Today I read an article about what it takes to become a certified ScrumMaster, Practitioner, and Trainer.  I didn’t plan it, but it was an extreme coincidence since I just enrolled in Mike Cohn’s CSM & Agile Estimating and Planning courses earlier this morning.

Check out the article if you want to know more about “what it takes” to become a CSM, and read more here if you’re wondering what this Scrum thing is all about.


Back again…

Well, it has been quite some time since I’ve posted.  Sometimes the non-stop pace of life cannot be avoided, and some items need to be dropped off the priority list, at least for a while.

To get back in the swing of things, today’s article is quite a brief primer on “The Metaphors of Scrum.”  This may help those of you trying to explain or encourage others on the use of the Scrum process, especially those ‘glass is half empty’ types.

Don’t throw pebbles…

Today’s article is “Move Boulders, Don’t Throw Pebbles” by Kent McDonald.  At my work, we’re in the infancy of our agile development process, specifically Scrum.  As a fledgeling Scrum Master, I tend to watch for any new writings by Kent since he is a project manager for agile software development. 

Kent highlights some excellent points in this article; some of which I need to watch out for that I’ve already been doing that may be detrimental to the team’s velocity.  This is a very good article for Scrum Masters or any agile project managers.

Measure Quality

Today at work, we had a day-long session about Quality. Some general topics of the day were “What is Quality,” “How do you measure Quality,” “Where/When are Quality important,” and finally “What are our Quality goals.”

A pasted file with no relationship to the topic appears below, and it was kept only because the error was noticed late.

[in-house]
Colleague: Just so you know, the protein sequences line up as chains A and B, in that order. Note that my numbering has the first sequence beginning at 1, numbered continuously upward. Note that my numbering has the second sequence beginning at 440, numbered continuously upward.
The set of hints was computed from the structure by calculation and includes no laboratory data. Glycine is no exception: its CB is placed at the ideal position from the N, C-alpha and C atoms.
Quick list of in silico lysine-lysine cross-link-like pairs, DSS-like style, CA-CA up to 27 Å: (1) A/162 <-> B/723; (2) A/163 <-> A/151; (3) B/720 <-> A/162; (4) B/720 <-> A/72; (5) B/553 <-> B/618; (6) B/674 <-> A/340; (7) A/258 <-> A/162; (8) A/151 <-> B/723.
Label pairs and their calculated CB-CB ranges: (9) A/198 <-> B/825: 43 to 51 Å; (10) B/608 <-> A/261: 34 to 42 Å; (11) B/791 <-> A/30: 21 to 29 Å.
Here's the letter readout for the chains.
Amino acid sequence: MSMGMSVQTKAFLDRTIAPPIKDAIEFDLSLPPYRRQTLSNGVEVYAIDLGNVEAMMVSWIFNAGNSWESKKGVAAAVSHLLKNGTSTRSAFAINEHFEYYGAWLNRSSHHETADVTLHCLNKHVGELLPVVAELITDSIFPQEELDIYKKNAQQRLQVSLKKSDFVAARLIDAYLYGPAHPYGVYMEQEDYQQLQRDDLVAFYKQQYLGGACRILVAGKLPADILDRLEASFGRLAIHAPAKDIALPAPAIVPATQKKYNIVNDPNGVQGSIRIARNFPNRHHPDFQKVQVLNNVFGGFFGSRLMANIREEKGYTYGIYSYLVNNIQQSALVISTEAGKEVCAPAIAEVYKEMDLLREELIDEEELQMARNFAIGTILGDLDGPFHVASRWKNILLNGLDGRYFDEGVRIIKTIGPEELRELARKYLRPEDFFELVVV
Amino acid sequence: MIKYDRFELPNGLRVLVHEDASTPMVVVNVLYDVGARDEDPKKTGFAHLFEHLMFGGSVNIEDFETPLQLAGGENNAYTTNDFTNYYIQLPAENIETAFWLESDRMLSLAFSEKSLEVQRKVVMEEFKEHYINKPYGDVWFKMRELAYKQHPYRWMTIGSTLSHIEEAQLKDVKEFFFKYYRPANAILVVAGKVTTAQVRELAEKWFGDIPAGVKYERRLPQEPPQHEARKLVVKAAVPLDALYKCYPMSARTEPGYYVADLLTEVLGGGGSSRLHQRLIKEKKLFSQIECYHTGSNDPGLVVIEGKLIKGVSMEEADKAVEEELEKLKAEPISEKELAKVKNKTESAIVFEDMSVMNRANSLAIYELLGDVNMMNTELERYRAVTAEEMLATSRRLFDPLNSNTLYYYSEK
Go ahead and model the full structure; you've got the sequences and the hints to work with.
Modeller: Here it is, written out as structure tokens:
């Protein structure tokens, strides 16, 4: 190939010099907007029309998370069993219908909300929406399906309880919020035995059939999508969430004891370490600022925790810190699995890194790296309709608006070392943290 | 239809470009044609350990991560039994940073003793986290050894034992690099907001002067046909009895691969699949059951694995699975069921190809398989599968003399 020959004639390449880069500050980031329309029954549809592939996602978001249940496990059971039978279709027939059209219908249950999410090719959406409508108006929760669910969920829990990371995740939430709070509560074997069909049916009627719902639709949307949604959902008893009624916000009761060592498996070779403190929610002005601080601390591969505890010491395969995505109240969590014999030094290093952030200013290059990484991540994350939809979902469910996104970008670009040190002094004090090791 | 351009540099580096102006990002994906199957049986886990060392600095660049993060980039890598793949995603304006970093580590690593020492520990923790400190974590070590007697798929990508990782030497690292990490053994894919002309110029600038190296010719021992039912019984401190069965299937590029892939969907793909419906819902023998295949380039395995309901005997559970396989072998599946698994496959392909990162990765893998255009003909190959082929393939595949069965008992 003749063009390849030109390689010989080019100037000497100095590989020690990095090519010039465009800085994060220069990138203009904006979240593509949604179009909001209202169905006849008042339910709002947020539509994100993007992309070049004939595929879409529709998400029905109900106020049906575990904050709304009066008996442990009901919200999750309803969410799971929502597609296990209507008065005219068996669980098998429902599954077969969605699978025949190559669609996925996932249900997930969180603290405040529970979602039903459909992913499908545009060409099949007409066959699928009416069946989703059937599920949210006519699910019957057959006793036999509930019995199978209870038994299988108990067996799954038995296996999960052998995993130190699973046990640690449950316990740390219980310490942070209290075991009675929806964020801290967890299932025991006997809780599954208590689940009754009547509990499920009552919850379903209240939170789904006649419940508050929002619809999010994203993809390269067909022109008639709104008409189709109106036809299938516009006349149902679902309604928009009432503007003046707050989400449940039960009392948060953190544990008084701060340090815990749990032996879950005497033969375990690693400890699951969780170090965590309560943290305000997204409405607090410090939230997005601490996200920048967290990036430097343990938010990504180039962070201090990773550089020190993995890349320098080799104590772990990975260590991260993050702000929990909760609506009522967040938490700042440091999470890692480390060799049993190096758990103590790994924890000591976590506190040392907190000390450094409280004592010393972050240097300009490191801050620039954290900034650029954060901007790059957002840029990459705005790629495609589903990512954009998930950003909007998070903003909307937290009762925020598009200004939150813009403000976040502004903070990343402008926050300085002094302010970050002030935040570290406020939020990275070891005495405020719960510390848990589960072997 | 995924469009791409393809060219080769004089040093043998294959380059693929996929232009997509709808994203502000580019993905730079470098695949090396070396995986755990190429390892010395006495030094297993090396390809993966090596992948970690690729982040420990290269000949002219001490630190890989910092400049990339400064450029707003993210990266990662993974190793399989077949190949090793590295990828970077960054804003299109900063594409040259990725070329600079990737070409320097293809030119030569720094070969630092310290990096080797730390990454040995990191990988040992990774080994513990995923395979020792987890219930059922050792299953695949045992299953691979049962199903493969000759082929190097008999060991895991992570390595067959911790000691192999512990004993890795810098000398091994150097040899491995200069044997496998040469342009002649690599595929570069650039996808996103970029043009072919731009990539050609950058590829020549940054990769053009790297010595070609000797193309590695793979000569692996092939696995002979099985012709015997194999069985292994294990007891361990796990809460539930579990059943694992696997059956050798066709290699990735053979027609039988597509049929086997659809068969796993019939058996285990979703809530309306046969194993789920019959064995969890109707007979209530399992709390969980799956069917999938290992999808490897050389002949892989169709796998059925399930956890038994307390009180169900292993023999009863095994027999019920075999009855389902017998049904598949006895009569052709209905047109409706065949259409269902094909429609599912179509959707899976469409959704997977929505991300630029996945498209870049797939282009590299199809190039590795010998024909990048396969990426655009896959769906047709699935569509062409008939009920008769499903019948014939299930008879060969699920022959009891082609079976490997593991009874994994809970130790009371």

In an effort to be a bit better ‘prepared’ for the meeting, I came across an article entitled “You Get What You Measure-So Measure Quality” by Steven Jong. While not being entirely applicable to my company, it did help spur some ideas and thoughts during our discussions.

I reserve the right to revisit this topic in future posts.

And now, back to our program

I originally planned on posting every work day, but sometimes the best intentions… Anyway, I was out of town last week, so I didn’t plan on posting during that time anyway.

Now for the regularly scheduled post:
Today’s article is “A Man With A Plan” by Geof Lory. While a tad lite on the substance, it does make some rather good points in a well-written, anecdotal manner. It is a nice, brief read for those who are just setting out on the ‘planning’ frontier.

Scrum Primer

Today’s featured article is “Adaptive Project Management using Scrum” by Craig Murphy. This article is an excellent primer for anyone who is wondering what Scrum is and how it can affect their development goals.

If you have an interest in agile software development, project management, or the software development life cycle in general, this article is a must read!

Project Management; The other customer service

Today’s article, entitled “Did somebody say customer service?” focuses on how project management ties in with customer service. While it is a nice, thought-provoking article, it would have been better had the author explored the topic just a bit deeper. None the less, it was a good read to get your PM/CS juices flowing.